First, communication. Of course, you need communication in every type of relationship, be it with friends, in monogamy, or in polyamory. Some argue, especially in polyamory. I have written before that polyamory is more than anything a communication style. We have to be open about what and who we want, what kind of sex we want, etc. We also need to master, what I call, the art of the heads up. Say for example, you’re at a party with a partner. If you anticipate flirting with other people, let your partner know. You can let them know either before or during. If you get separated from each other and you flirt with someone else, you can let them know afterward. In polyamory, we often talk about “processing.” After something significant happens, we talk about it with our partner(s). So, you can see that communication is so important. For myself, I am a very verbal person. I like it when people tell me things and I like telling people things. Some of my friends know that it can be hard for me to keep my mouth shut. That’s one of the reasons why poly works for me. If I meet someone I like, I will tell my partner(s) and probably my friends as well.

Next, time management. If you have more than 1 relationship, scheduling can be an issue. For someone like me, it is especially a challenge because I like having hobbies; I play ultimate frisbee, I dance, and I write poetry. Plus, most of us need to work. There are only so many hours in a day! Last year, I saw a talk by Tristan Taormino, author of one of the poly bibles Opening Up. She said that a poly person must have invented Google calendar- it has lots of colours and different means of scheduling things. I have been in relationships with people who use it and I have to say, it’s so gratifying when you see their calendar and your name is on it. I try to schedule my time as fairly as I can. It can be difficult when people want to see me and I have to say no. Also, the amount of time you spend with people is often indicative of how important they are to you. Be sure to sit down with your partner(s) and see what they feel is fair.

Thirdly, jealousy. I have had both positive and negative experiences with it. By positive, I mean that it can show you how much you care about the person. However, if it takes over your life, it will feel very negative at times. In my experience, communication defeats jealousy. The more you talk about things, the better you will feel. A friend of mine said that defeating jealousy requires good communication and a healthy sense of self. If you can realize how important you are to your partner, jealousy should not be an issue. Your partner(s) should also be reminding you how important you are to them. We also have to realize how much love there is to go around. After all, one of the reasons we became poly was because we wanted to love, or at least have the opportunity to love, more than 1 person. Our culture sometimes reminds us that things are scarce, but love isn’t one of those things.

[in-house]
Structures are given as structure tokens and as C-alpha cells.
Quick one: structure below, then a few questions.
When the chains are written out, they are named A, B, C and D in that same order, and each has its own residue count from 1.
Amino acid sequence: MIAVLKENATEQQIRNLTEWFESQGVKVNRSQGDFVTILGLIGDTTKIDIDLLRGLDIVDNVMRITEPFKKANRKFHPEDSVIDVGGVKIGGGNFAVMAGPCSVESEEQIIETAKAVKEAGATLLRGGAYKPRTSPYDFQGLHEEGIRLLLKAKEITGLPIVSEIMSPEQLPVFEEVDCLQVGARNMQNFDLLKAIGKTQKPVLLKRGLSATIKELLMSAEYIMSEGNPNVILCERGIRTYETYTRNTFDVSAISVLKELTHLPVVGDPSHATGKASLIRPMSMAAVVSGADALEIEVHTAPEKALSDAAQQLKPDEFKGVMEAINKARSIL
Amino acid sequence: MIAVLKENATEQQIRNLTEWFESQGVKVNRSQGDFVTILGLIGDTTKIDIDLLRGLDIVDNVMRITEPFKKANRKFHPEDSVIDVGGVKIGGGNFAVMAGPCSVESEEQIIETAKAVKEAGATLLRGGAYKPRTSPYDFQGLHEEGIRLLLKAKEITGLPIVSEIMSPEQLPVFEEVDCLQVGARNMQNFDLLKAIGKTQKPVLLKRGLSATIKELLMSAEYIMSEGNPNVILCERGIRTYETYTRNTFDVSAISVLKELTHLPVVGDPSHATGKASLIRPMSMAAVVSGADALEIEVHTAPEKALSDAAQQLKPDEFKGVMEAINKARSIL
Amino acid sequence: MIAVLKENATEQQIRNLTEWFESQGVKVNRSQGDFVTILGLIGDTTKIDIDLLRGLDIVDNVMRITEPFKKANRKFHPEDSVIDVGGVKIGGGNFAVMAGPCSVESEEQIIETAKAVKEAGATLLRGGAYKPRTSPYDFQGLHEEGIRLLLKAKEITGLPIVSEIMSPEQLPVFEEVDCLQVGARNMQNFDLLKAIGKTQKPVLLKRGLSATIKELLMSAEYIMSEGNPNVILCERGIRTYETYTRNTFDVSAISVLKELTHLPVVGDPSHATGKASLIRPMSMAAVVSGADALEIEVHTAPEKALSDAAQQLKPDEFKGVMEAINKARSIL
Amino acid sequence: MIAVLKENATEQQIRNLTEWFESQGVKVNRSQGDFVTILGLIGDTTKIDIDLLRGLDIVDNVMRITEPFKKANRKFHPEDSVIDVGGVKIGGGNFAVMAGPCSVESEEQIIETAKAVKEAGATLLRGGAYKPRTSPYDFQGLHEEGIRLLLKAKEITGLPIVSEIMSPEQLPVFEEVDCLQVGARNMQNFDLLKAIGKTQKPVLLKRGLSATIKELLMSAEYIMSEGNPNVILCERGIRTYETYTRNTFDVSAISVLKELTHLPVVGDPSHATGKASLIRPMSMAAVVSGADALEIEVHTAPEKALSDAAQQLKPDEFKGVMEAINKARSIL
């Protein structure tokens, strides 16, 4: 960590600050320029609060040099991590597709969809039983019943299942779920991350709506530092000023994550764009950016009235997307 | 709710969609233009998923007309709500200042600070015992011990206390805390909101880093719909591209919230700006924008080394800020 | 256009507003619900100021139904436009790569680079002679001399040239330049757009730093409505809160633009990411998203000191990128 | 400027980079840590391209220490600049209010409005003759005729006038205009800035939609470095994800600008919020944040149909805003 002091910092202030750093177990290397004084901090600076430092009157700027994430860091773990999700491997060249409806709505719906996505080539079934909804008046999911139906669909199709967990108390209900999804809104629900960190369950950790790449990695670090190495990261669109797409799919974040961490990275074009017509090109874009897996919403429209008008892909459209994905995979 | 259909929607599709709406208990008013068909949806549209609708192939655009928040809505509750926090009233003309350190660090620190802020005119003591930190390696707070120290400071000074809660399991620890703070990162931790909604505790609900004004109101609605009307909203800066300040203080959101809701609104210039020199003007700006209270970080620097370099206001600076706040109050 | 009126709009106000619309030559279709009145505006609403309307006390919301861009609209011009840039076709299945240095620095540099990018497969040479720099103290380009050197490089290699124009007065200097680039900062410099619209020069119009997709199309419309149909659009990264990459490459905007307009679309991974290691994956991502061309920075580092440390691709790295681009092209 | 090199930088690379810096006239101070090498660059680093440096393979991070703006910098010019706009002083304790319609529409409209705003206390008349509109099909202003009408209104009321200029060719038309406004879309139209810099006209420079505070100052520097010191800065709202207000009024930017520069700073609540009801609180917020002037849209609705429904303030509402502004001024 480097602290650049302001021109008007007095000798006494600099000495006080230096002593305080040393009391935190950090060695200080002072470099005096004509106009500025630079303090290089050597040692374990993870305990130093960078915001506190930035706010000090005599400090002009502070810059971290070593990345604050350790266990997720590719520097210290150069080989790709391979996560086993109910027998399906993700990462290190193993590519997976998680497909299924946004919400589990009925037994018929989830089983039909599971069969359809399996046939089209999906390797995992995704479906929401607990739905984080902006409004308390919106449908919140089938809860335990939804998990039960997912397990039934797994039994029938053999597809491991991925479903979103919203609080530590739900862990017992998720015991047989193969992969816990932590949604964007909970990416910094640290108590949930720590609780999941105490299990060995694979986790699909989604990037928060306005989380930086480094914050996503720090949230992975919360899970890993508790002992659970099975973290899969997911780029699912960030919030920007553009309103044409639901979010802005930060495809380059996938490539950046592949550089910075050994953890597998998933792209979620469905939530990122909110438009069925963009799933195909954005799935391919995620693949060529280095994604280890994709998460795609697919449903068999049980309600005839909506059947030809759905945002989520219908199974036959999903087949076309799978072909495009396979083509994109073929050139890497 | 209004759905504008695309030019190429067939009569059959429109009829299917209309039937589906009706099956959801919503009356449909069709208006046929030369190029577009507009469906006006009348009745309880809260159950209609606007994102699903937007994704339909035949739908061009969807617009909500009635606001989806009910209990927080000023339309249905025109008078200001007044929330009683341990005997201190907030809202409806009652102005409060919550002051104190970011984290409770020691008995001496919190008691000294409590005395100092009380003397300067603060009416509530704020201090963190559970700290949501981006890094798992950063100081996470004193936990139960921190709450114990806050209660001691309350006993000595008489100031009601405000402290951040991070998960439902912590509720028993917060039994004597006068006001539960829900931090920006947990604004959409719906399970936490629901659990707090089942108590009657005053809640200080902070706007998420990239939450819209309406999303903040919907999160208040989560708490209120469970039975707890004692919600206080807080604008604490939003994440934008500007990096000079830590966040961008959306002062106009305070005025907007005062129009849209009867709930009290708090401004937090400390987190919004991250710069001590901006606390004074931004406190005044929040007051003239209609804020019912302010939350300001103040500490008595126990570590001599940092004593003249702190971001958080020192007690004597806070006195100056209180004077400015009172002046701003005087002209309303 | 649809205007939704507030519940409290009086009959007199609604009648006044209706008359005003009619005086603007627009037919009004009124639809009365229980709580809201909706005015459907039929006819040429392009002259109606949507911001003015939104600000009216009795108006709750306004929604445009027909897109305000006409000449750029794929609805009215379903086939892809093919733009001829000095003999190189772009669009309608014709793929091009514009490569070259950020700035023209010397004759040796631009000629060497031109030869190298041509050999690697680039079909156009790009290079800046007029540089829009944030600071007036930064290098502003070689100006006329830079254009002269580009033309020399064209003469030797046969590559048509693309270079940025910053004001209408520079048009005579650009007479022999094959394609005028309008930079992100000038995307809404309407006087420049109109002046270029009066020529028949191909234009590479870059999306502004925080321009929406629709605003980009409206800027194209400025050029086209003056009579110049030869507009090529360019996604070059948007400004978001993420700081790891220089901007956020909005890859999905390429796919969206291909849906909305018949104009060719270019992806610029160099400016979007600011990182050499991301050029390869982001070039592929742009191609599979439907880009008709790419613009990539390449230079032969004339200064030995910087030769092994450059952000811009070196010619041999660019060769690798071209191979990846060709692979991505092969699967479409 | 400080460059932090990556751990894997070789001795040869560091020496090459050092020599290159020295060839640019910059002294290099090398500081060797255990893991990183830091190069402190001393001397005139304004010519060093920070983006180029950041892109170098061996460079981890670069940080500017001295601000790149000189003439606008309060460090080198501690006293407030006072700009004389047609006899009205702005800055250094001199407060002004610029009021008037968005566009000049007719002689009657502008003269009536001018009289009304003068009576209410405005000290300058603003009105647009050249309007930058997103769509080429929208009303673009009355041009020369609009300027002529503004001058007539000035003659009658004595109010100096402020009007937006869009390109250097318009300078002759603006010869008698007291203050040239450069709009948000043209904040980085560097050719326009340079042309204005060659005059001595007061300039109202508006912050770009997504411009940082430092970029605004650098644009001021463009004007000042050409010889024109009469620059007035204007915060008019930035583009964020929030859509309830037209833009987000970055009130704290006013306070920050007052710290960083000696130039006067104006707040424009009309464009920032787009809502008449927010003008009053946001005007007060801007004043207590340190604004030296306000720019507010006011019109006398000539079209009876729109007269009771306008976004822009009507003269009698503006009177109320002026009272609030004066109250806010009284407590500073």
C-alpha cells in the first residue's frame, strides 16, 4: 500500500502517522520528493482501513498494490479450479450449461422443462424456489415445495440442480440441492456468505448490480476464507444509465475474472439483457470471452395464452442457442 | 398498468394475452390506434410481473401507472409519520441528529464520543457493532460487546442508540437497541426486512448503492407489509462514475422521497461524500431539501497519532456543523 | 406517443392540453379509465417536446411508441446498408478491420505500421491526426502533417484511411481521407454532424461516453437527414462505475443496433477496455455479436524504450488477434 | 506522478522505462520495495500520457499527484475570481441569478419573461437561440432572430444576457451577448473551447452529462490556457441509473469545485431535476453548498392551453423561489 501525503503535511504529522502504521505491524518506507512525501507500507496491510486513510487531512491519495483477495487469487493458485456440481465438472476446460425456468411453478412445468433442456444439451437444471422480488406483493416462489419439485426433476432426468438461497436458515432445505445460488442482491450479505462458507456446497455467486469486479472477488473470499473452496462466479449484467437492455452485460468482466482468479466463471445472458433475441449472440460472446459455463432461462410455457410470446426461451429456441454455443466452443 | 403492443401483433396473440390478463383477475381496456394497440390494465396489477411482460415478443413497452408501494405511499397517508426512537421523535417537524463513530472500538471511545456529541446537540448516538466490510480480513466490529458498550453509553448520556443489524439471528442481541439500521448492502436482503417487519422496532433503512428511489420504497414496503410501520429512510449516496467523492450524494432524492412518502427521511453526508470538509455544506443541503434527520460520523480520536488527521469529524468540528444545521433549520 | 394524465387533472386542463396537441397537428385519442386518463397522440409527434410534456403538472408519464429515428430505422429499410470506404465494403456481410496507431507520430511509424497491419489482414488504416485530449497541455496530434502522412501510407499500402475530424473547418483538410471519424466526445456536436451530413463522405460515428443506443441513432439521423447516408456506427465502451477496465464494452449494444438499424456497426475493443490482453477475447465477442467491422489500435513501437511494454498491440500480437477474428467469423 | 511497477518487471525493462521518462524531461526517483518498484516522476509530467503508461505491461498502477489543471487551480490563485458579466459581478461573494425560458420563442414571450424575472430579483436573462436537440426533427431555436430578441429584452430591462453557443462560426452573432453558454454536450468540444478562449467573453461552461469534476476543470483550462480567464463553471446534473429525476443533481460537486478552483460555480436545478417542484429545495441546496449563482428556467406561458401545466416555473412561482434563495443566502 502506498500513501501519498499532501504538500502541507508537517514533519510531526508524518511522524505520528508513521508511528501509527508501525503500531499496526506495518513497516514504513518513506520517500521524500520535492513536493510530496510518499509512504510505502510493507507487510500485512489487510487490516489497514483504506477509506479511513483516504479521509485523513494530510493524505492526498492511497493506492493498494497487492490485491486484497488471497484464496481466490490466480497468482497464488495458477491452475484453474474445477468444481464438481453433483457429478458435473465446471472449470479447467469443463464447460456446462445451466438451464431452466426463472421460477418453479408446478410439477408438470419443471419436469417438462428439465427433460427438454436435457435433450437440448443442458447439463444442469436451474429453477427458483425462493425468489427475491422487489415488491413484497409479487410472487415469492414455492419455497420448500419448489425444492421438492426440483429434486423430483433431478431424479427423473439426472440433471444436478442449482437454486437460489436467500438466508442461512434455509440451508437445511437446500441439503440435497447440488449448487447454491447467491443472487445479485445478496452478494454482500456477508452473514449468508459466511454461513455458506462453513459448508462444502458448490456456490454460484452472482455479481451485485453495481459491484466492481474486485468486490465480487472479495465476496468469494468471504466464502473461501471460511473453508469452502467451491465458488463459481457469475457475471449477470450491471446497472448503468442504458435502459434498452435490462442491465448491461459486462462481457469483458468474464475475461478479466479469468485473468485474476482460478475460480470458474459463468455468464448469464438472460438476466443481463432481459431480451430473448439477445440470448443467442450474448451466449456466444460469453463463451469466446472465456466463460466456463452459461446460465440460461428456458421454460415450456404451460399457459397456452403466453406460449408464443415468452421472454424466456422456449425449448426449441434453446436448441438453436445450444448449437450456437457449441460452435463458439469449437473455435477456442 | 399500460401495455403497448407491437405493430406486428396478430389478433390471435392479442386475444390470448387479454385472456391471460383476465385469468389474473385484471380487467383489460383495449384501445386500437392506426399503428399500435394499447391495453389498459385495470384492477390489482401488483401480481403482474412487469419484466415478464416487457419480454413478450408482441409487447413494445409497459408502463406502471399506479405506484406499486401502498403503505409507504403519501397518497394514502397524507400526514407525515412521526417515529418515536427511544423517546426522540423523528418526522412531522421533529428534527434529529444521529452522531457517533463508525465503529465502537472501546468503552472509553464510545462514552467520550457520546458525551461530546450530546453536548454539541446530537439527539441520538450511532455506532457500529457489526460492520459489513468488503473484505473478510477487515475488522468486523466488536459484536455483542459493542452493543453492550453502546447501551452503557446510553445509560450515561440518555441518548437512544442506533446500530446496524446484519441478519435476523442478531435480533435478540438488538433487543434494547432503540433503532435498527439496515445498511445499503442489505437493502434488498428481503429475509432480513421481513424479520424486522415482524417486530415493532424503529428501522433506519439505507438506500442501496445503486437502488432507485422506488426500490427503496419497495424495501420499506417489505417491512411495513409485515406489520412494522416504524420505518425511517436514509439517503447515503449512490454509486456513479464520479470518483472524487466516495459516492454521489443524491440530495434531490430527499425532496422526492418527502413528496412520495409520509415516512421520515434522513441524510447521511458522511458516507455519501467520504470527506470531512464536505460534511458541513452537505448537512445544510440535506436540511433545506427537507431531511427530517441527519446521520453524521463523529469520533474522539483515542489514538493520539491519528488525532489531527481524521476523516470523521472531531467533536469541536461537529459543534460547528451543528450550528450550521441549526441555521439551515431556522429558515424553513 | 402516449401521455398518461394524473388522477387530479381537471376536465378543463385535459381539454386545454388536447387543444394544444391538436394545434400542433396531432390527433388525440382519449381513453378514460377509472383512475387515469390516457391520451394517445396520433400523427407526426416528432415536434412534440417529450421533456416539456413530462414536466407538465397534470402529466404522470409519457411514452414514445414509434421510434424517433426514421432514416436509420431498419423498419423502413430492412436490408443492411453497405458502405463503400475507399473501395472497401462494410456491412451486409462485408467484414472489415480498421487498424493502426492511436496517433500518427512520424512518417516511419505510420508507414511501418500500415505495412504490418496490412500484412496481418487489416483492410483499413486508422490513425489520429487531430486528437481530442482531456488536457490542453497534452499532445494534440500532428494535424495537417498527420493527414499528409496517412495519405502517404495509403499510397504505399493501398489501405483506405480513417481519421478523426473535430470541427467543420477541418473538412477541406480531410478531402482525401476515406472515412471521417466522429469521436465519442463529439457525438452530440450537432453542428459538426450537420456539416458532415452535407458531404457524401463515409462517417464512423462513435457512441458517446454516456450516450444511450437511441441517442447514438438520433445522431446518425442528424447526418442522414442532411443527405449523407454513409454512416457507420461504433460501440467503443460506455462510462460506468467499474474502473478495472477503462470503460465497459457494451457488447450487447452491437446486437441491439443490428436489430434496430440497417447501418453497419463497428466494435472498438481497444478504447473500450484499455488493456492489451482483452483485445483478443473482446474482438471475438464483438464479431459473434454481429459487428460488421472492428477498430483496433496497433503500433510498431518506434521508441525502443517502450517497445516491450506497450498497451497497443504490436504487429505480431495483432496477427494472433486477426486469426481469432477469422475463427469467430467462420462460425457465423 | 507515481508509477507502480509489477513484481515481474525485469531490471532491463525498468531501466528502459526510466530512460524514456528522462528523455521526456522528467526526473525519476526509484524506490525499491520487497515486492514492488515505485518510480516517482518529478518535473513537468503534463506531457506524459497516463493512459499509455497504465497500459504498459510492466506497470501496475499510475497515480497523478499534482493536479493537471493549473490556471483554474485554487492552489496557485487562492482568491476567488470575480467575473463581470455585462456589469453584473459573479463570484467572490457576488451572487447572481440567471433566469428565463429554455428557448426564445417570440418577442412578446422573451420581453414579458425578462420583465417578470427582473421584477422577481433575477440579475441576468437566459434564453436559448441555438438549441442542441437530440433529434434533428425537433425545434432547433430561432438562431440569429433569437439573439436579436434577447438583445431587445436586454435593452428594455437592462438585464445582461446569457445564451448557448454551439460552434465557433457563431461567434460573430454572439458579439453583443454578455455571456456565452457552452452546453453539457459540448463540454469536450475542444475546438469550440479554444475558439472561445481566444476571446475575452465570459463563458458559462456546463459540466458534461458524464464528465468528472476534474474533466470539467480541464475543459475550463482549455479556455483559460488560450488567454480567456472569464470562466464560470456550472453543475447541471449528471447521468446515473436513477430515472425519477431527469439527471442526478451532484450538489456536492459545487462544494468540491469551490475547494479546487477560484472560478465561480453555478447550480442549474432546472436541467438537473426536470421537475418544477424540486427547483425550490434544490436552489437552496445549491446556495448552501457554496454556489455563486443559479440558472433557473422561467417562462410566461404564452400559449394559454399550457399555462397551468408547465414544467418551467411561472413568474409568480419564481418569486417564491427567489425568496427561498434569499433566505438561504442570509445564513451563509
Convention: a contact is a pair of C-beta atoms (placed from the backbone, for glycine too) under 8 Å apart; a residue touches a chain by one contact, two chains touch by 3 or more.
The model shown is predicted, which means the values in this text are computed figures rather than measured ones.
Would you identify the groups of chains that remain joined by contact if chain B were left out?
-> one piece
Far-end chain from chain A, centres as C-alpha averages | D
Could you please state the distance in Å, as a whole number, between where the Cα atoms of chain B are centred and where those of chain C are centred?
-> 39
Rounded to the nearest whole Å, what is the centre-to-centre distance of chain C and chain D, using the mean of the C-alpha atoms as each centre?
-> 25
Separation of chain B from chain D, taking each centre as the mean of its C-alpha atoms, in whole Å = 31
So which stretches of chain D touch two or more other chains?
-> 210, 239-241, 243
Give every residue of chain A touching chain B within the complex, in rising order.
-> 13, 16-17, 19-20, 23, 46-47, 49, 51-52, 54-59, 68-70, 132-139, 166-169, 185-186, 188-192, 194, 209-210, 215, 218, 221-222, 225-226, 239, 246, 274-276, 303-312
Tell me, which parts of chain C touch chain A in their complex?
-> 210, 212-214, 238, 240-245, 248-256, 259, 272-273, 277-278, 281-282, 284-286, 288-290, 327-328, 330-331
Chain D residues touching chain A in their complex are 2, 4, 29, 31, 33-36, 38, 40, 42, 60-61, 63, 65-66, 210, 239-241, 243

Finally, appreciation. Awhile back, I was with 2 people who complemented each other almost perfectly. I felt very fulfilled and as a bonus, the 2 of them got along very well. I reminded them as often as I could what I appreciated about them. In poly, everyone brings something to the table. I really wish we didn’t feel the need for hierarchy though this seems to naturally happen. Ideally, everyone should be recognized as bringing something unique into our lives. Secondaries should not be made to feel secondary. They ought to be recognized for who they are.

If you have any questions, send me an email to  As always, thanks for reading! Please write in 🙂

Good Grief

I write this post from Montreal, where my grandparents live. I had to come here unexpectedly on Tuesday because my stepgrandfather passed away. He had been married to my paternal grandmother for 19 years. We had the funeral yesterday and there were beautiful eulogies from my stepgrandfather’s granddaughter and son. Under the circumstances, it is very nice to see my extended family. So, what does this have to do with relationships and polyamory? When a relationship ends, we mourn it. We remember the good times and bad. We show appreciation to our partner(s) by saying nice things.

One thing I don’t like about death is that people might show the appreciation that they didn’t show while the person was alive or in their life. In the context of poly, showing appreciation is very important. Everyone brings something  unique to the table and that is worth celebrating. Also, when a relationship ends or transforms into something different, I think it’s very important to let the person know what they meant to you. I have been thinking a lot about that since on this trip. As I mentioned in the previous blog, I went to Denver for the Poly Living conference put on by the group Loving More where I facilitated a discussion on how people meet. I was fairly happy with how my talk went and the rest of the conference was interesting. I met some cool people, including one who lives in New York who I may see again.

I also got to see the people from the Denver 3some, which happened in February last year (see the post called Thoughtful, Ruminative, and Picky). I  visited them in May last year, during which time a partner in Toronto ended a relationship with me, which was very difficult to deal with. On this trip, I was thinking a lot about the person I was at that time since a lot has happened in the last 11 months. I mourn the person I was and I also celebrate the person I am; much more self-assured, stable, and with different expectations of what relationships mean to me. I love the act of remembering. Nostalgia will forever be one of my middle names…

Post Navigation